My HTC One M8 Eye review9:17 AM
Two weeks ago, I gave my old smart phone the boot. It was old, the screen was broken, a good chunk of pixels were dead, and it developped a nasty personality (insisting to put me on airplane mode, or making bogus call without me touching it). To be fair, in smartphone years, 2 years 4 months is honorable ancient (damned planned obsolescence!). And my phone's antics left me fearing to suddenly seeing it dead when I needed it the most.
I did start researching phones a few weeks ago, anticipating the last breath of my antique one. I knew what I wanted as a strong feature in my next phone.
Not all smartphones were born equal, and not all will handle the same tasks with equal grace. So, it pays up to assess your need, and do an informed choice.
My old phone was already an HTC (HTC desire C if you must know). It was basic, very so, but still quite good for what was essentially a budget phone. Back then, I wasn't too sure which feature I would use the most on a smartphone. I took picture, and liked sharing them with my family and friends, and a few apps to manage my household were nice too.
That is when I realised, I really did use the camera a lot. And on a budget phone, let's face it, they aren't that great.
From there I KNEW the key feature on my next phone would have to be the camera. I needed a good one.
It turned out that of all the phones deemed excellent for pictures that were available in India, HTC scored high. I was pretty much set on the Desire 820 after reading so many reviews.
That quickly changed on Good Friday when we went shopping. My main concern with the Desire 820 was the size, it is as big as the iPhone 6+ and it is a bit uncomfortable to use and carry around.
The advantage of going shopping in a brick and mortar store paid off. I got to see a few more HTC models that I would not have thought off before. Including the HTC One M8 Eye which I now own.
That model was smaller, but had a better screen resolution and the same 13mp camera in the back. Well, not exactly the same. As you can see on the top picture it has a dual lens camera which is a feature most of the phones in the ONE series have. It allows the phone to gauge the depth of focus better.
The decision to go for the M8 was a very good one, and it hasnt let me down one bit.
The funny thing is that since I overlooked this handset in my initial research, I never got to read the reviews before the purchase. And in a way it is a good thing. Not that the reviews were bad, far from it. But you have the same old bunch of people who flame the phone before really understanding the features. And the bunch of people that apparently expected the camera to give the result of a DSLR one on a phone.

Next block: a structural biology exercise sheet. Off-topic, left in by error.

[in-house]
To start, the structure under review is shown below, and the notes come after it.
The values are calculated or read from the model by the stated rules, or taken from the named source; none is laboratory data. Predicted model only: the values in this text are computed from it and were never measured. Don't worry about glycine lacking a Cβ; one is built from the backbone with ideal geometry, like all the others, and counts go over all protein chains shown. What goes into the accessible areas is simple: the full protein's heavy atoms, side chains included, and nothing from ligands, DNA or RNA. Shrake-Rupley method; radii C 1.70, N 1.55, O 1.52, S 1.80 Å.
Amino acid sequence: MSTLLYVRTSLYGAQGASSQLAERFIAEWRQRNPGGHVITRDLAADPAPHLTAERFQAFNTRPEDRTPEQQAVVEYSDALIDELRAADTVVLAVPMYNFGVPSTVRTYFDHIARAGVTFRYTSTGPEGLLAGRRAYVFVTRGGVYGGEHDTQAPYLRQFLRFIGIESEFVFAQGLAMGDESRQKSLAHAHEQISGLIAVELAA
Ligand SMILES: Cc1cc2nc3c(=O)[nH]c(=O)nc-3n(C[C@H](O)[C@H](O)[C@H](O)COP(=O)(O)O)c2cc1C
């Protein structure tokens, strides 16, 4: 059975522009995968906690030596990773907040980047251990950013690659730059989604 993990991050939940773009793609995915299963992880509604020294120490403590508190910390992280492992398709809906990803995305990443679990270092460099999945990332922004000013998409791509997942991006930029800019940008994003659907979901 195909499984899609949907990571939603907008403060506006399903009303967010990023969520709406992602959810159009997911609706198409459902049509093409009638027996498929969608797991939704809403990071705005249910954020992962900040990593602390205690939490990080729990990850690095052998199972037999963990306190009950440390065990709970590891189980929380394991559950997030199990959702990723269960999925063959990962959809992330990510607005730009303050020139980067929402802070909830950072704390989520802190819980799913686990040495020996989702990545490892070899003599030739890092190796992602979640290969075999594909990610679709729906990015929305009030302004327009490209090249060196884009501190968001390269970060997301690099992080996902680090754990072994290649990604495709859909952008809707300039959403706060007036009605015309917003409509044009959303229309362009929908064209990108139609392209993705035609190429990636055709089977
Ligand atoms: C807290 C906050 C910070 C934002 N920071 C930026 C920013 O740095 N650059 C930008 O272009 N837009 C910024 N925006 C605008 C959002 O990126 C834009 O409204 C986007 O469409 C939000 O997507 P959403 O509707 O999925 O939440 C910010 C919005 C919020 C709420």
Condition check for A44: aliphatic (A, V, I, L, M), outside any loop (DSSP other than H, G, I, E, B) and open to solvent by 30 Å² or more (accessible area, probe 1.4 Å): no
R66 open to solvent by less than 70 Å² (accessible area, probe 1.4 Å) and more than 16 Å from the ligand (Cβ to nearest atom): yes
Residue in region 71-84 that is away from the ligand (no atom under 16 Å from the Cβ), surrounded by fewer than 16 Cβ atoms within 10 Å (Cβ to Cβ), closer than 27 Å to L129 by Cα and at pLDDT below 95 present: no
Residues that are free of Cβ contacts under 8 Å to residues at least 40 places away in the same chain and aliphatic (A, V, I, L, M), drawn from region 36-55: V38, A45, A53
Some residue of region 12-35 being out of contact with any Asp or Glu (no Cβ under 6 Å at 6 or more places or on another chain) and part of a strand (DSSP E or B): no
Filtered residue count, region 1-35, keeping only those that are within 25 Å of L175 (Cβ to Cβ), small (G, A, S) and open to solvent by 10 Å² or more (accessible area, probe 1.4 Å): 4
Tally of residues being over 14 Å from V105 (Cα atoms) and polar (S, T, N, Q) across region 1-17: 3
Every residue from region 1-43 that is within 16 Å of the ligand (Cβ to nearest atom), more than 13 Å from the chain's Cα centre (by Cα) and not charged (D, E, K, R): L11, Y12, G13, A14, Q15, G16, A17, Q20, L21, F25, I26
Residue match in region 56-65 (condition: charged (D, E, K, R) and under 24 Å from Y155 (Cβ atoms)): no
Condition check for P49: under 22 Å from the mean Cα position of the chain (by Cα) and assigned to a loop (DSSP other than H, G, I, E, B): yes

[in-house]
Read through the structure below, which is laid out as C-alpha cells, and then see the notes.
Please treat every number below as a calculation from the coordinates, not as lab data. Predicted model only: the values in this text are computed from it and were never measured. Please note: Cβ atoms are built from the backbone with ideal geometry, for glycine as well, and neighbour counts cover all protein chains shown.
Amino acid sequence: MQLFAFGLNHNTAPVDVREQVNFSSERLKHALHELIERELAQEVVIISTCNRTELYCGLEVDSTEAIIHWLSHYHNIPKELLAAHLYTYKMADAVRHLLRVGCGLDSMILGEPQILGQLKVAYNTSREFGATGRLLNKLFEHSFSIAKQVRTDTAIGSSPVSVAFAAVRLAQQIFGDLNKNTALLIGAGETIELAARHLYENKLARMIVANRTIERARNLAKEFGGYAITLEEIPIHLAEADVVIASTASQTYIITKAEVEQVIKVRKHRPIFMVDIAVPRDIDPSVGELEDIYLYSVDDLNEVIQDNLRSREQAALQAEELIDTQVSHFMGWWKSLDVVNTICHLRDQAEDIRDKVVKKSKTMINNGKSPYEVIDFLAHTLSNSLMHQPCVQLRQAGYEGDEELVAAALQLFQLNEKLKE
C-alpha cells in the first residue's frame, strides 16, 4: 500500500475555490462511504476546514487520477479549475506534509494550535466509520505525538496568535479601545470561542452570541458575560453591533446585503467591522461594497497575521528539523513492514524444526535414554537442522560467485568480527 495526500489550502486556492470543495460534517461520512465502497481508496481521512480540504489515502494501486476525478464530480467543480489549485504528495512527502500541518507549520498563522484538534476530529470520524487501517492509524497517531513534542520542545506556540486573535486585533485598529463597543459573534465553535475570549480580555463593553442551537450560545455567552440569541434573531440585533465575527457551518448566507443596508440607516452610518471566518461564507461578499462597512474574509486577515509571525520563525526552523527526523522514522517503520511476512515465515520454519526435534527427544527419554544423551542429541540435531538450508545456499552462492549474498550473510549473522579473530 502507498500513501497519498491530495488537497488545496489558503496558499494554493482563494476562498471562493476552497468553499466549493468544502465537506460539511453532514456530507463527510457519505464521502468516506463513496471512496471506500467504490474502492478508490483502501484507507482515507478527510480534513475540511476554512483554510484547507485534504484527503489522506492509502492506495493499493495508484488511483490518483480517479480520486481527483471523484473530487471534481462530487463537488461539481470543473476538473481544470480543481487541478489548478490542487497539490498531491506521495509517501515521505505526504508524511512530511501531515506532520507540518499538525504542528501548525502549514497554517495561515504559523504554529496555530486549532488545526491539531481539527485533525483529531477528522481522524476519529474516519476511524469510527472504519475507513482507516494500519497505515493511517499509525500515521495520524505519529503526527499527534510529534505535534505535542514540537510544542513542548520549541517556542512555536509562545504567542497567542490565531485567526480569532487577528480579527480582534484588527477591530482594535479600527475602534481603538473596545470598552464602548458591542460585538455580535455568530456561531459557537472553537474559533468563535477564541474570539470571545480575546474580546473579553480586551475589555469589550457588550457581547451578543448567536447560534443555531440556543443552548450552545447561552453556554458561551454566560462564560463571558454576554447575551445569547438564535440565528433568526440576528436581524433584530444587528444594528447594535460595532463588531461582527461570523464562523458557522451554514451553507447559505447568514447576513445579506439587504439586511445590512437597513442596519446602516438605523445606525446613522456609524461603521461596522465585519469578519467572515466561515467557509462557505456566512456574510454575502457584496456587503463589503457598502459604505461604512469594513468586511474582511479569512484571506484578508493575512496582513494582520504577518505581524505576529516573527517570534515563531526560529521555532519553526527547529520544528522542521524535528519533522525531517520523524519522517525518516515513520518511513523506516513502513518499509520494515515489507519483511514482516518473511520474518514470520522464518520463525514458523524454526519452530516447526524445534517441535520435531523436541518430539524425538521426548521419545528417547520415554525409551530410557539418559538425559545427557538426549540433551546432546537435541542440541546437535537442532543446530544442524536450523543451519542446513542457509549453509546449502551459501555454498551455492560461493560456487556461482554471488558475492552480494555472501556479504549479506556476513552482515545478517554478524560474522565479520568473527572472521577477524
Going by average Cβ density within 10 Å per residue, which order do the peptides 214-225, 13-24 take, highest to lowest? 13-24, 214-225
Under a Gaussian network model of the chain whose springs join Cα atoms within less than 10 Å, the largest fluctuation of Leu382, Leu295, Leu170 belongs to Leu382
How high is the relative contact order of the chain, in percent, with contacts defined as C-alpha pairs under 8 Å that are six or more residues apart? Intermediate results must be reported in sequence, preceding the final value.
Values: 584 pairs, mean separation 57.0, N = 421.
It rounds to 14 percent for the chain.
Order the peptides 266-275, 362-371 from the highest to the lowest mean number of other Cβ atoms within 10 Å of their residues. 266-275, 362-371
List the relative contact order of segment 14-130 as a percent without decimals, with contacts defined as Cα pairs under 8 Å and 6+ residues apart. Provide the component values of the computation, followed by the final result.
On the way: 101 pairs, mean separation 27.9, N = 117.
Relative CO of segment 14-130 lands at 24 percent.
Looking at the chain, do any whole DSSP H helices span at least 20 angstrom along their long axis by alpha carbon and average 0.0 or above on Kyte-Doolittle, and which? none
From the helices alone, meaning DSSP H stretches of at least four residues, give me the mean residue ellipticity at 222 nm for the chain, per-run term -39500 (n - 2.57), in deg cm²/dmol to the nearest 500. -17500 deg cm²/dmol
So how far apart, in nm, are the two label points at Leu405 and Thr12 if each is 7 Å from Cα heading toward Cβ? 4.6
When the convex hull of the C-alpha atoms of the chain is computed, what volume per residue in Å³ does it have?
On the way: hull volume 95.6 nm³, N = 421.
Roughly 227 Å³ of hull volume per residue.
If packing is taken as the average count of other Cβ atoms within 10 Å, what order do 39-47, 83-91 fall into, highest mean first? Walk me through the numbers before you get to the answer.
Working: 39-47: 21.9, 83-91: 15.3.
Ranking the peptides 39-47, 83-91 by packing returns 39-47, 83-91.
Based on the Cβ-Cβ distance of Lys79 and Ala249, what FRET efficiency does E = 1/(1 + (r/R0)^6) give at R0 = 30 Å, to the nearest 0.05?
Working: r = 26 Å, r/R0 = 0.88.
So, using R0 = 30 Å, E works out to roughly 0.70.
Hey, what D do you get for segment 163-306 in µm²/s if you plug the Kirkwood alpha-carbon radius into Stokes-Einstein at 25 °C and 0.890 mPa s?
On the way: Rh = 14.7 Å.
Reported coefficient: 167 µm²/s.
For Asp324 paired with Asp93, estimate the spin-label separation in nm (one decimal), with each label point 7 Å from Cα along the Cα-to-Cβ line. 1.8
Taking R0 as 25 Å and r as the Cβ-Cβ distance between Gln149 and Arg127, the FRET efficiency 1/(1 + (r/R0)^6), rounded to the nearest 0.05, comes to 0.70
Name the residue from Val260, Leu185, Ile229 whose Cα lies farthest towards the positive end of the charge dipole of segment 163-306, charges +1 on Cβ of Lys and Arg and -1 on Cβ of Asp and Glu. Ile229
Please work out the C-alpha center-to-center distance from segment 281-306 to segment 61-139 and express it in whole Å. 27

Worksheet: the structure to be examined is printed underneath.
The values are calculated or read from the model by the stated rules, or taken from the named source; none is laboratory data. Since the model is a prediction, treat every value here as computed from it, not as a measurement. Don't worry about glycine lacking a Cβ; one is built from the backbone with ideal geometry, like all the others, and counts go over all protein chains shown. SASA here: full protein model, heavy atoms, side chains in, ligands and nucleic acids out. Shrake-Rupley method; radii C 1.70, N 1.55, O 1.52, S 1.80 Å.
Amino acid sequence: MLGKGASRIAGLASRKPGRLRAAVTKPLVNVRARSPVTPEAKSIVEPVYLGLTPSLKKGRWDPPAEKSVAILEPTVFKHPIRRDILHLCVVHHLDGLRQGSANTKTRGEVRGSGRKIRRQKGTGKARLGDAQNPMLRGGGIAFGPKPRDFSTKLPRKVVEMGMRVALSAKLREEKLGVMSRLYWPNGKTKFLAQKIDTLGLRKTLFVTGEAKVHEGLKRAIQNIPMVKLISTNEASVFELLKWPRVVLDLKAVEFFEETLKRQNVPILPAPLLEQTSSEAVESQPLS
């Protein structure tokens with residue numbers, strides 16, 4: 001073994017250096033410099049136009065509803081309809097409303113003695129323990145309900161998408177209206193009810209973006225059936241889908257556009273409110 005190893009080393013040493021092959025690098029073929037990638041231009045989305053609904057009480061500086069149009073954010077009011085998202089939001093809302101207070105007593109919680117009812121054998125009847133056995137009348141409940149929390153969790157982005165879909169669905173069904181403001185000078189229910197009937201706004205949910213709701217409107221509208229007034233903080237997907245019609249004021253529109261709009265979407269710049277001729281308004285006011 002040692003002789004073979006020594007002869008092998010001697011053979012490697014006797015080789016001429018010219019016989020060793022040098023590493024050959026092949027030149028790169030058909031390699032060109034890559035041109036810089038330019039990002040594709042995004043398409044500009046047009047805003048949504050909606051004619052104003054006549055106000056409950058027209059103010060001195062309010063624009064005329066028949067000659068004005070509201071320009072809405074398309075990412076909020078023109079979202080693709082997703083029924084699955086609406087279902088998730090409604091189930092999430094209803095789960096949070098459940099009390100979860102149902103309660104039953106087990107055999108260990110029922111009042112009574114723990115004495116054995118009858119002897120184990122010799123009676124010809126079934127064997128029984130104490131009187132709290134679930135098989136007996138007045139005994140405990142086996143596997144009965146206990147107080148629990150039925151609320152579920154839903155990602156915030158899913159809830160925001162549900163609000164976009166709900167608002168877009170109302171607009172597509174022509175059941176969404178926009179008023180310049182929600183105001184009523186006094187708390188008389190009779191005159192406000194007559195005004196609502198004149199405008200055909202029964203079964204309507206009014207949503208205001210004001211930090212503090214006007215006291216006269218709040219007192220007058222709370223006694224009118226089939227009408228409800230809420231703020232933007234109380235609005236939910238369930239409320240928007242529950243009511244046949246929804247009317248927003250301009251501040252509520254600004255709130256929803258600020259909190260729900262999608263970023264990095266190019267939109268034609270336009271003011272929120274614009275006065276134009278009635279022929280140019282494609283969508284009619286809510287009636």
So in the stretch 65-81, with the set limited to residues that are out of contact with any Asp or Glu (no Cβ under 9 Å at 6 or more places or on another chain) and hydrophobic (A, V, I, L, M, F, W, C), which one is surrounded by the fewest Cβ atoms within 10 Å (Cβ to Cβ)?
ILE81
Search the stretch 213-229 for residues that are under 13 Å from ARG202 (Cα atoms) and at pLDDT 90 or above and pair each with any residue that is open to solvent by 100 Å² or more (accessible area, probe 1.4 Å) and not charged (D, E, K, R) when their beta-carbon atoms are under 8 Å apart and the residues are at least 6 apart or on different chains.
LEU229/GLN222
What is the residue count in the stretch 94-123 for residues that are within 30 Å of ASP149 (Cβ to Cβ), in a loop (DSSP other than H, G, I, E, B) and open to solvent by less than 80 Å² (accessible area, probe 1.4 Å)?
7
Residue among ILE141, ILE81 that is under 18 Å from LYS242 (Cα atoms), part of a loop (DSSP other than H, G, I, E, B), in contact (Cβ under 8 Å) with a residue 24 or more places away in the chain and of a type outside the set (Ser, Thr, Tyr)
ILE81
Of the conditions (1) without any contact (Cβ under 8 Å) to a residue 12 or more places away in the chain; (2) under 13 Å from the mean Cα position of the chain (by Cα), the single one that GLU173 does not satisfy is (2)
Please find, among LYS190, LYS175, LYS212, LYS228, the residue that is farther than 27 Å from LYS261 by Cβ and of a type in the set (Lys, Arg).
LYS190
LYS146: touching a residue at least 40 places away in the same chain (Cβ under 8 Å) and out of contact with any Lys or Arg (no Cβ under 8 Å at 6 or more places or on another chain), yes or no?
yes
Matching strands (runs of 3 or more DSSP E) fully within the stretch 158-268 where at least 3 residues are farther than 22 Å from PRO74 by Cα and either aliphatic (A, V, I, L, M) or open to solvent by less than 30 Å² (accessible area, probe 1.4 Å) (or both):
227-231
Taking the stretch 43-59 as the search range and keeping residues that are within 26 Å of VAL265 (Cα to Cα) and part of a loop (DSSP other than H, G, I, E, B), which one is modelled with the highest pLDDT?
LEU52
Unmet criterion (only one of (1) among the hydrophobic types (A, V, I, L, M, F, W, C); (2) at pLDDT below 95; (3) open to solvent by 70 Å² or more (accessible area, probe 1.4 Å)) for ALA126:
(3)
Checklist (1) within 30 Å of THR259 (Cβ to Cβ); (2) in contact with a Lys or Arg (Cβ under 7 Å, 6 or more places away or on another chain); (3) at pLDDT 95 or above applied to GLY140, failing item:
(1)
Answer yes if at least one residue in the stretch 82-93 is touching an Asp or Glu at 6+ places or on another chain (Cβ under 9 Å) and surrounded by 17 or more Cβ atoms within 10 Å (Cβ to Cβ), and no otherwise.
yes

So, since the camera was the thing that mattered to me the most, let me now give you my review.
The camera gives excellent pictures in bright lights. I am not afraid to say that in such light condition, the camera performs as well as my DSLR. It gives bright colours, though the whites can be a bit bright at time (something you can fix easily adjusting the light input and the white balance easily before taking the pic).
Contrary to what a lot of reviews say, the phone does NOT perform horribly in low light. It is going to be a bit grainy at time of course, but of all the cameras I have around, let me tell you it ranks above my 12mp Sony point and shoot, and only slightly below my DSLR. The iPad sucks way more in even average light.
What people must realise is that it is a PHONE camera, not a high tech professional one. Then they also must realise that most phones nowaday offers more focus and brightness adjusting options than basic point and shoot cameras. You just need to know how to use said features.
The one most people overlook is the fact that if you tap the picture on the screen before taking the snap you can alter the light input and focus. Tap a darker area on the image and your phone will increase the brightness of the picture with that specific area in mind. Do the same for an over exposed view and it will tone down the light.The M8 phone has the option to control the apperture, ISO and white balance as well...make god use of these features, it pays off big time.
Once you are satisfied with the settings, and only then, take your picture. It's that simple folks!
It also goes without saying that if you are going to use that picture on a blog, or website, or even plan to print it. It pays to do a little photo editing. But, hey, I even do that with pictures coming from my DSLR.
All in all, the phone has a really great camera. It is big enough for the screen to be easy to read, but small enough to be able to hold in your hand. The processor can handle all regular app just fine, the speakers give a good sound and it lasts a day on battery. And you can extend to storage capacity to 128 GB with a micro SD card.
If I were to rank all my devices with camera from the lowest quality to the highest, it would go like this : iPad is the worst, then comes the Sony Cybershot 12mp I bought in 2009, then the HTC One, and finally the best would be the Nikon digital SLR we bought in 2008.